Visual Studio 2008 and .NET 3.5 SP1 Beta
The blogs are abuzz this morning after the first beta release of the VS2008 and .NET 3.5 SP1. Download it here.
In my opinion, this isn’t a service pack—this is a new version!
There are quite a few bug fixes (what you normally associate with a service pack), but also a huge list of new additions and improvements.
Traditionally our service packs address a range of issues found both through customer and partner feedback as well as our own internal testing. While this service pack holds true to that theme and delivers updates for these types of issues, it also builds on the tremendous value that Visual Studio 2008 and .NET Framework 3.5 deliver today and enables an improved developer experience by adding a number of additional components that cover a range of highly requested customer features. For example, the service pack is the first release for Visual Studio 2008 that delivers full support for SQL Server 2008 and the ADO.NET Entity Framework.
I’ve posted a few links at the end of the post to the more extensive sources right now, take a look and get ready for the plunge.
So, what am I most excited about?
- ADO.NET Entity Framework – I’m hoping that the “real” release motivates Oracle to develop provides for the entity framework and my dream of LINQ-esque connections to Oracle will be realized.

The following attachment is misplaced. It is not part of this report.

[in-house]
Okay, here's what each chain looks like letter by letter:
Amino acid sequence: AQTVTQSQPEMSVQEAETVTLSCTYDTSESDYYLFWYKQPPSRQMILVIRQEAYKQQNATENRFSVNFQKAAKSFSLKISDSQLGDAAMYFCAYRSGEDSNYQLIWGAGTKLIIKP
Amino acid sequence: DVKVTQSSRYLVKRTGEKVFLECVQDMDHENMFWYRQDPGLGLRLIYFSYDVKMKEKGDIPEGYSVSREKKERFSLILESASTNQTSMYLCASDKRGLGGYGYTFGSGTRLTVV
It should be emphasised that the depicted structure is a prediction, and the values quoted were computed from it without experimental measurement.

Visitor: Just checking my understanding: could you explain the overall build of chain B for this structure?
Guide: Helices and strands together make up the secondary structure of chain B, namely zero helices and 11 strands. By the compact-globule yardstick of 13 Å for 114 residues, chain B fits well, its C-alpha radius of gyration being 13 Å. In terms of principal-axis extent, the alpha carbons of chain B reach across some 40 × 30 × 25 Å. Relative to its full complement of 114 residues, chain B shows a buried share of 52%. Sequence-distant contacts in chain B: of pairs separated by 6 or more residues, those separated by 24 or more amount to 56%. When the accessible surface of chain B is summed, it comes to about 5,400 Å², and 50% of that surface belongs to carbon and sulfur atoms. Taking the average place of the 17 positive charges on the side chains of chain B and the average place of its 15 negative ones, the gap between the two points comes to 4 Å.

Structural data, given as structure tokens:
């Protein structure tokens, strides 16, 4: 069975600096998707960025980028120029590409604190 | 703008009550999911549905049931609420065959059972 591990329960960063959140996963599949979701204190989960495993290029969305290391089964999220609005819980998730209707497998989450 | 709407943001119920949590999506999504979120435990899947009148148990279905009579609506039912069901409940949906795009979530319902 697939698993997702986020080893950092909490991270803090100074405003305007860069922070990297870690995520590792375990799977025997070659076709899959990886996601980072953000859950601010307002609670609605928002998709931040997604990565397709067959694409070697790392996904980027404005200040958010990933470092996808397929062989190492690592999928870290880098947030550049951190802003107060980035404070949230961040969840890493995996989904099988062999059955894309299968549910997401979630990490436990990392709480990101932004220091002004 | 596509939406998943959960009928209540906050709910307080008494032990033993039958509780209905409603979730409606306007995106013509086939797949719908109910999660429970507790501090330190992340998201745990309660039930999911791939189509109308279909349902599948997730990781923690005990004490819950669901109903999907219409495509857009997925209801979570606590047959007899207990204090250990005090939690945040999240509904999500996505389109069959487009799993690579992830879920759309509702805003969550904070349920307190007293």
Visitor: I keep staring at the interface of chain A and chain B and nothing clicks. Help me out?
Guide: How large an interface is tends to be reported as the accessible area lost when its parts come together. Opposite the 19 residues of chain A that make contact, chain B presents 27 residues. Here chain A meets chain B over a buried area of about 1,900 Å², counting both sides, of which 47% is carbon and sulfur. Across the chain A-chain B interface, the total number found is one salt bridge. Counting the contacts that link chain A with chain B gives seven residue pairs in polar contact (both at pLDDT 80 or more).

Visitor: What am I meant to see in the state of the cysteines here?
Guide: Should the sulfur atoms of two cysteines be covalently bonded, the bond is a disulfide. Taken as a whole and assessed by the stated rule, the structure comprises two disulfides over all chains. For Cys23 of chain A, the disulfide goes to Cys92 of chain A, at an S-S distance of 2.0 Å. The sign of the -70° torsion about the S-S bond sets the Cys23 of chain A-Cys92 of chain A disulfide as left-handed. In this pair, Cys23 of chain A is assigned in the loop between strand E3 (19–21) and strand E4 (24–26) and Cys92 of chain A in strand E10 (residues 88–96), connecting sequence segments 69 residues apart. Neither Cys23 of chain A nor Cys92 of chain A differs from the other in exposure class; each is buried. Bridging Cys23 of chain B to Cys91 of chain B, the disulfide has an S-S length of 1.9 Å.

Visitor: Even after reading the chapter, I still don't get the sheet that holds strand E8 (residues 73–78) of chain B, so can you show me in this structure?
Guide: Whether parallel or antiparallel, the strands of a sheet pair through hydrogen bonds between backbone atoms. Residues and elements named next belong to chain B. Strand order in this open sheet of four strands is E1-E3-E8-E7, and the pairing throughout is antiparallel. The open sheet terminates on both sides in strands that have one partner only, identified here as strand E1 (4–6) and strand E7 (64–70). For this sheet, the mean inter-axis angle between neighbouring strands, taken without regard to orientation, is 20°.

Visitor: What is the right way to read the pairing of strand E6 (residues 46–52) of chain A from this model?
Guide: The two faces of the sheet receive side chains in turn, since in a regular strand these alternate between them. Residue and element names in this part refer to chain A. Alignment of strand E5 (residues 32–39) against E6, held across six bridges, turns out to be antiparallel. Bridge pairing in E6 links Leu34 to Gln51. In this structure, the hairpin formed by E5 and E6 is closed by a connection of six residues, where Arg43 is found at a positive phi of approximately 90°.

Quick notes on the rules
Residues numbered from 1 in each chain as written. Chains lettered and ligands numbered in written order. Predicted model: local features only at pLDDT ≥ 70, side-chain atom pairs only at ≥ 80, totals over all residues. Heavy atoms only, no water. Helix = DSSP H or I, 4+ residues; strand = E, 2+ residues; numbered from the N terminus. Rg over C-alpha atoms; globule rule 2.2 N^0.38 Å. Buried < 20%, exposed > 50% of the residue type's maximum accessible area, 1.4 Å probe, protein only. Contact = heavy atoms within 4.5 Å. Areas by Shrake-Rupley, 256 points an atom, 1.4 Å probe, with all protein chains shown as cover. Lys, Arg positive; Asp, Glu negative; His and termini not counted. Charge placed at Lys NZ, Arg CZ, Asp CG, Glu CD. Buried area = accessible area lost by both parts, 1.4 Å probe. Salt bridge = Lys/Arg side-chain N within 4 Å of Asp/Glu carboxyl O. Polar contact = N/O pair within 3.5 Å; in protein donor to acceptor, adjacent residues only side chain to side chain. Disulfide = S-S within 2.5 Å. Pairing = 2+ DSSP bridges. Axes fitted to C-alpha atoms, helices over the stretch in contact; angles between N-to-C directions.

- ASP.NET Routing Engine – As the MVC framework gets closer to a production reality, it’s very motivating to see the underpinnings already in place.
- VS2008 Performance Improvements – Anything has to be an improvement.
- LINQ Debug Support – Very nice, love seeing the generated SQL right there at debug time.
There are also lots of updates to WCF and WPF. Hopefully this summer I’ll have more time to use these .NET 3.0 technologies and maybe be a bit more excited.
Visual Studio 2008 GUI/Tools
The Web Developer Tools team has released a comprehensive list of designer bug fixes, IIS templates and modules, formatting changes, intellisense upgrades, and more on their blog.
MVC and URL Routing
Phil Haack details the effects of the URL routing changes on the MVC Preview releases as well as how it affects the upcoming Preview 3.
ScottGu, as always does an excellent job tying everything up together—designer, framework, and tooling.
Now, if ReSharper 4.0 would EVER get to RTW before we’re ready to VS2009, it’d be super!